Software Design & Engineering
Internet business development
mobile applications
Alan Partis
320 Ridgecreek Drive
Lexington, SC    29072
(803) 692-1101


Password Rules are Stupid
Common rules actually weaken security.

Best Practice ... Not!
This is one reason why "old" code can be touchy.

Wow! That was fast!
Making the right choices in your code can have huge payoffs in speed.

Ctors in Chains
Shrink your C++ code even more by chaining your constructors together.

Virtual Classes
Virtual base classes: what are they good for?!

Practice Makes Pretty Good
Become a master software engineer by practicing like a ninja warrior.

You Should Get Out More
Maintainability is the key to software success.

Why You Need Me
Seven reasons why I think you need me to work for you.

I Create Wealth
Or, why this is such a great business to be in.

Standards in Software
Software engineering standards are a necessary and good thing.

What is a Content Management System?
$10.5 billion will be spent on them this year (2003) alone, but what are they?

Top 10 Benefits of a Content Management System
So what good are they?

Do You Need a Blowfish?
What is a Blowfish? Does size matter? Is it right for me? Get your questions answered here.

Why Not Windows?
Don't just take my word for it ...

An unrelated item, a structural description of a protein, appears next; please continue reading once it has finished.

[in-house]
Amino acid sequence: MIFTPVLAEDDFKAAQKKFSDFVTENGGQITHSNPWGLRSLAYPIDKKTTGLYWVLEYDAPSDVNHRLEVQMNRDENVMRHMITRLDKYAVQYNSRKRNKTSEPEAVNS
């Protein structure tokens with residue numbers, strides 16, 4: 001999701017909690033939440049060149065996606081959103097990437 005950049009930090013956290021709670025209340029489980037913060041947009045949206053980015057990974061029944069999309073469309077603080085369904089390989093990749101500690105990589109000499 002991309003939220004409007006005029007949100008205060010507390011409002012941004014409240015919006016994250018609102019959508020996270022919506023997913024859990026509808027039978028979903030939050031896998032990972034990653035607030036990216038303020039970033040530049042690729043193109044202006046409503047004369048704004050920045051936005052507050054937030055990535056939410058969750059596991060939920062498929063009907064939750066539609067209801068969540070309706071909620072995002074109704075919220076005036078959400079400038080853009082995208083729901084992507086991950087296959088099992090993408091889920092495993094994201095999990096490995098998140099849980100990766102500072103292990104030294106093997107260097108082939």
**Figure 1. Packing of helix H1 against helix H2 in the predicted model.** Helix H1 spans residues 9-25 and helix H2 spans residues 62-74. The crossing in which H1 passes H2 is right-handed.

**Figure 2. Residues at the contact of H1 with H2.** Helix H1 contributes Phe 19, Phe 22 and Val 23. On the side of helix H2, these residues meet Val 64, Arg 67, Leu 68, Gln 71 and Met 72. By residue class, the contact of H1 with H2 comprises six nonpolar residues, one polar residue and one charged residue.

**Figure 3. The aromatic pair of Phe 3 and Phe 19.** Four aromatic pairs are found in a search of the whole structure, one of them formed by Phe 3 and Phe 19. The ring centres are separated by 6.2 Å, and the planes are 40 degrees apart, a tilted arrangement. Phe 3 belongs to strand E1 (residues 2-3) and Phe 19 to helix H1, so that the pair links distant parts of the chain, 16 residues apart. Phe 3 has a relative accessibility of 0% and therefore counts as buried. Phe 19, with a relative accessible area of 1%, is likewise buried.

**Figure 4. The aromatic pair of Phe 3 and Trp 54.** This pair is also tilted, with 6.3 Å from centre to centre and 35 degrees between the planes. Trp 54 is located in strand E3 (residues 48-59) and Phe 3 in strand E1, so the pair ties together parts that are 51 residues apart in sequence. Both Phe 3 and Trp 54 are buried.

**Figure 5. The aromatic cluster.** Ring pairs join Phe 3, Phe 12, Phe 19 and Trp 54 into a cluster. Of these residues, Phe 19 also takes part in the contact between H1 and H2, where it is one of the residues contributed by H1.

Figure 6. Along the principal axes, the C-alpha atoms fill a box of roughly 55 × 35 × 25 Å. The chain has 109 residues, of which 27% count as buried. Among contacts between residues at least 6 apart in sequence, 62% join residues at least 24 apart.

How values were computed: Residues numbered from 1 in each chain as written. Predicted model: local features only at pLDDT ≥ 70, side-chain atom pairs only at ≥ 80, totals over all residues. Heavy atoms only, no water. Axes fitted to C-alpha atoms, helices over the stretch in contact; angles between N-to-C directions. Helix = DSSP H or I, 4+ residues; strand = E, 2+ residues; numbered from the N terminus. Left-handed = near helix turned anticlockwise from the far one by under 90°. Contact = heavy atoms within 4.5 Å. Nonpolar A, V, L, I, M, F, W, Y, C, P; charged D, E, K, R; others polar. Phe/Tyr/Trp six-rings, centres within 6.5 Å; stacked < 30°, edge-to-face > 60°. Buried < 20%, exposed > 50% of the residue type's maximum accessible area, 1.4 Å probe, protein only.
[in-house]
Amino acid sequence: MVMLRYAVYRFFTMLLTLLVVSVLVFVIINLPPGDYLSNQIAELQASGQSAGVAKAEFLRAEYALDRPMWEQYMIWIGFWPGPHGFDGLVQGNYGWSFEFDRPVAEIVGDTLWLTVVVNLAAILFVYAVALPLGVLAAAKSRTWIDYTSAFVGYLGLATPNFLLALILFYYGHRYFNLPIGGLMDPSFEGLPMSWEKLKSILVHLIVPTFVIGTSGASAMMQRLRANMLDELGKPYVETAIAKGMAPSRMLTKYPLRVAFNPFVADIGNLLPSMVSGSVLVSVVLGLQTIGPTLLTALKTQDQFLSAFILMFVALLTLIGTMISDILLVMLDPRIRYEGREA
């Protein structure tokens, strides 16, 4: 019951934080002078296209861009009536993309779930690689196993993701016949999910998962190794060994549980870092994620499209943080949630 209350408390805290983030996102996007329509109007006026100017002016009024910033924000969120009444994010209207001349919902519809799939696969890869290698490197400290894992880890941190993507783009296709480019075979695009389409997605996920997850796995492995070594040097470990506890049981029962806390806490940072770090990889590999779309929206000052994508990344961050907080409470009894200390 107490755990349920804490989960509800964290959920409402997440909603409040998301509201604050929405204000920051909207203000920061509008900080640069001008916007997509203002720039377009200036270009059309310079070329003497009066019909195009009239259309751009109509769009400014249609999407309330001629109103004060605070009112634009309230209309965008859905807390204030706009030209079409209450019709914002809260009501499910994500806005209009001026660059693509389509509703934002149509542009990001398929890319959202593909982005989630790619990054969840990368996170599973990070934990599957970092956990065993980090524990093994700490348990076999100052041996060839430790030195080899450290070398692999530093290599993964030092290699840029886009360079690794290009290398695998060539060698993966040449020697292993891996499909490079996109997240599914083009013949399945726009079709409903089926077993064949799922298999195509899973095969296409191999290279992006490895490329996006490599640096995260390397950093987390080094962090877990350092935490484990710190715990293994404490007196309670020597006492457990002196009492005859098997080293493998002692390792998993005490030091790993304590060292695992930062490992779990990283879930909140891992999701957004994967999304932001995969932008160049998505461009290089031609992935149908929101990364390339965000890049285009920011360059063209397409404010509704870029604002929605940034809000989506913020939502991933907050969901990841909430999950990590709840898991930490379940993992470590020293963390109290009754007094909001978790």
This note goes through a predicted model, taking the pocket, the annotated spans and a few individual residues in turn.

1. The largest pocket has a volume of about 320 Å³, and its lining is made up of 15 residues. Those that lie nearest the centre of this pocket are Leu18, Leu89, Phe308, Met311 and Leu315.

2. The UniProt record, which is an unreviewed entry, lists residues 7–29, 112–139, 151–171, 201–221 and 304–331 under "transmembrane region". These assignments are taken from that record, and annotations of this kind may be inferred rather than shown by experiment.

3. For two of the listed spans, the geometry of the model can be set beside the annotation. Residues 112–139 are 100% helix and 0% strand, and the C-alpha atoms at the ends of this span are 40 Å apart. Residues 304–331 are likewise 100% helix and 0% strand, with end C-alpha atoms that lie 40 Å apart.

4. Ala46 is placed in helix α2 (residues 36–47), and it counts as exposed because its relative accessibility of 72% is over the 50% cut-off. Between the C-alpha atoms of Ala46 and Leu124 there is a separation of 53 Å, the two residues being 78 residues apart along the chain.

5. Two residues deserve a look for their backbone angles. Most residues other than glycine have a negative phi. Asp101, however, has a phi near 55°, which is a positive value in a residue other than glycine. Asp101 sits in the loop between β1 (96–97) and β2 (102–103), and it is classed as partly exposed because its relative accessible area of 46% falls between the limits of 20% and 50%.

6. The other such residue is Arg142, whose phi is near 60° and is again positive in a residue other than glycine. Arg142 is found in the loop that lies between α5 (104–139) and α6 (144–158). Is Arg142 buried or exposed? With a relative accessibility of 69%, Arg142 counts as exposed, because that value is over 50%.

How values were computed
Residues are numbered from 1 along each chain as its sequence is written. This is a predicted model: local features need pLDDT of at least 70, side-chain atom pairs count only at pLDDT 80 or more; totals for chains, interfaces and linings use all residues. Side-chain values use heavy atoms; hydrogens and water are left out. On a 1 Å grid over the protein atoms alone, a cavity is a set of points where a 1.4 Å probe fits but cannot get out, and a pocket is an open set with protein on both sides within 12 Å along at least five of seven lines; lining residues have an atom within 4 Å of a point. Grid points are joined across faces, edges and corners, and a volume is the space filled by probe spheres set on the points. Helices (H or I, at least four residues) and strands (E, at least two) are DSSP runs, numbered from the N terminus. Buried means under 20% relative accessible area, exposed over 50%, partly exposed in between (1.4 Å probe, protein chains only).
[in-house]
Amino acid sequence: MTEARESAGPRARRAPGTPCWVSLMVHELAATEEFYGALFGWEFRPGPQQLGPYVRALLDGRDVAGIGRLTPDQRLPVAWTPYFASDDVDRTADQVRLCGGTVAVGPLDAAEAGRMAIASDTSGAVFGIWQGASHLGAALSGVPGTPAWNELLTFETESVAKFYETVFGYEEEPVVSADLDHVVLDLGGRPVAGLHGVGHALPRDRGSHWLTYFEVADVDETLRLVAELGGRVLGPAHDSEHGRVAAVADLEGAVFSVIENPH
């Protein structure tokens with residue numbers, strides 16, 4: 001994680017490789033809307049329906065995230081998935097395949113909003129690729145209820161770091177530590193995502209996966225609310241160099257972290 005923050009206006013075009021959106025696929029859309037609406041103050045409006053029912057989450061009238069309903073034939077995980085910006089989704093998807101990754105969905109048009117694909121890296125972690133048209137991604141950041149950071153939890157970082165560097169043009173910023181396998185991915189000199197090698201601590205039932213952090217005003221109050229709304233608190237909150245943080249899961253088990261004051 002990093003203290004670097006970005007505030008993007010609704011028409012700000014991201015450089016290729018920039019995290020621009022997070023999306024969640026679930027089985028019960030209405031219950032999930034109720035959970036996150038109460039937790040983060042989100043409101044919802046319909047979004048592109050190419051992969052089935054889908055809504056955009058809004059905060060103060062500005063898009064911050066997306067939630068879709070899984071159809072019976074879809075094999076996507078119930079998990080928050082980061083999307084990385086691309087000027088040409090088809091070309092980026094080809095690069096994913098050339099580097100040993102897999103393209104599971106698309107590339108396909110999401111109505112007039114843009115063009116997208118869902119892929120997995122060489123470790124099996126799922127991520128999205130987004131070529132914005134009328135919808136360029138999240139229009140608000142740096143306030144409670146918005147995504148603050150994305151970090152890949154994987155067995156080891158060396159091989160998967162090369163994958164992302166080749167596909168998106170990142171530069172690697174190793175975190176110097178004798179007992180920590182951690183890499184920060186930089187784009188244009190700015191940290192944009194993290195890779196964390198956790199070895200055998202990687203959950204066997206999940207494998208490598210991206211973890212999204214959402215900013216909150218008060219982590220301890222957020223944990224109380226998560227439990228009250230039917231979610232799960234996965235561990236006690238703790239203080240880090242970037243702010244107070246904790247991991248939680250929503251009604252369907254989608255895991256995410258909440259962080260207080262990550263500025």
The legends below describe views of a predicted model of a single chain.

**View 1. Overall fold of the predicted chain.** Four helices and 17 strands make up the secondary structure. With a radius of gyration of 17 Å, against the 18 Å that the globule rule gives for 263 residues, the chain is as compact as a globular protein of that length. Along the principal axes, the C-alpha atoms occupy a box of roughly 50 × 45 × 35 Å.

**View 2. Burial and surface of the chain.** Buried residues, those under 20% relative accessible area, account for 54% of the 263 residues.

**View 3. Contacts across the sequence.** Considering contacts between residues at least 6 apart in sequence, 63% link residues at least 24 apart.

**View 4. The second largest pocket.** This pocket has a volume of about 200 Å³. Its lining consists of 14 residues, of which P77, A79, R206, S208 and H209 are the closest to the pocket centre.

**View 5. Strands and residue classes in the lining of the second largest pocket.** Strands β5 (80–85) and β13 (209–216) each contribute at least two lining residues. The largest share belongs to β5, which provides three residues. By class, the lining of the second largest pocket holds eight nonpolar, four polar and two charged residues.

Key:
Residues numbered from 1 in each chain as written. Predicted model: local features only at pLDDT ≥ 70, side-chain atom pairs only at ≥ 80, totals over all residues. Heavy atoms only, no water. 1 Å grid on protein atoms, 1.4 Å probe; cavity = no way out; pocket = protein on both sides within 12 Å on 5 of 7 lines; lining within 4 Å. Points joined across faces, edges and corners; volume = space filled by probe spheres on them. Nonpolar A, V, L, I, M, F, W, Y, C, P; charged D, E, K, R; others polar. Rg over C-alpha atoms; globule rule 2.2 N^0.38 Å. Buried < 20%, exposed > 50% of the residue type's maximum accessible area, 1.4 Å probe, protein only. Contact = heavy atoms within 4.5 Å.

10 Attributes of a Professional Software Engineer
A truly professional software engineer stands out from the crowd. Here's what makes them different.

How to Score a Startup
Examine all these points of startup companies and see how they add up.

Wow!  That was Fast! (Code for Speed)

August, 2014

I'm not the fastest coder in the world, but the code I write tends to have a fair amount of consideration for performance where practical.  This is not to say that all my code runs at lightning speed; I place a high value on the maintainability of code.  Obscure performance tricks which don't benefit the application in a meaningful way, often come at the expense of clarity, so I sometimes avoid them. However, it's important to understand what's possible to achieve so that all the benefits can be properly weighed and a balanced solution is implemented.

There are many places to pick up speed in code.  Many of these typical rules of thumb may be familiar to C and C++ coders:

  • pre-increment loop counters
  • avoid mathematical division operations
  • understand that string operations are often CPU intensive
  • keep function calls returning constant values out of loop conditions

There are many more of these types of rules.  Much of this comes from an in-depth understanding of processors and instruction sets as well as a fair amount of experience writing assembly language code.

Another often overlooked source of performance improvement is the central algorithm employed by the program.  Consider whether you are using the quickest sort method for your particular needs.  Do the SQL queries in your code result in multiple full-table searches that could be factored out with a different table scheme, or a better index?  Should you be using a memory pool of pre-allocated objects instead of constructing and destroying objects on the fly?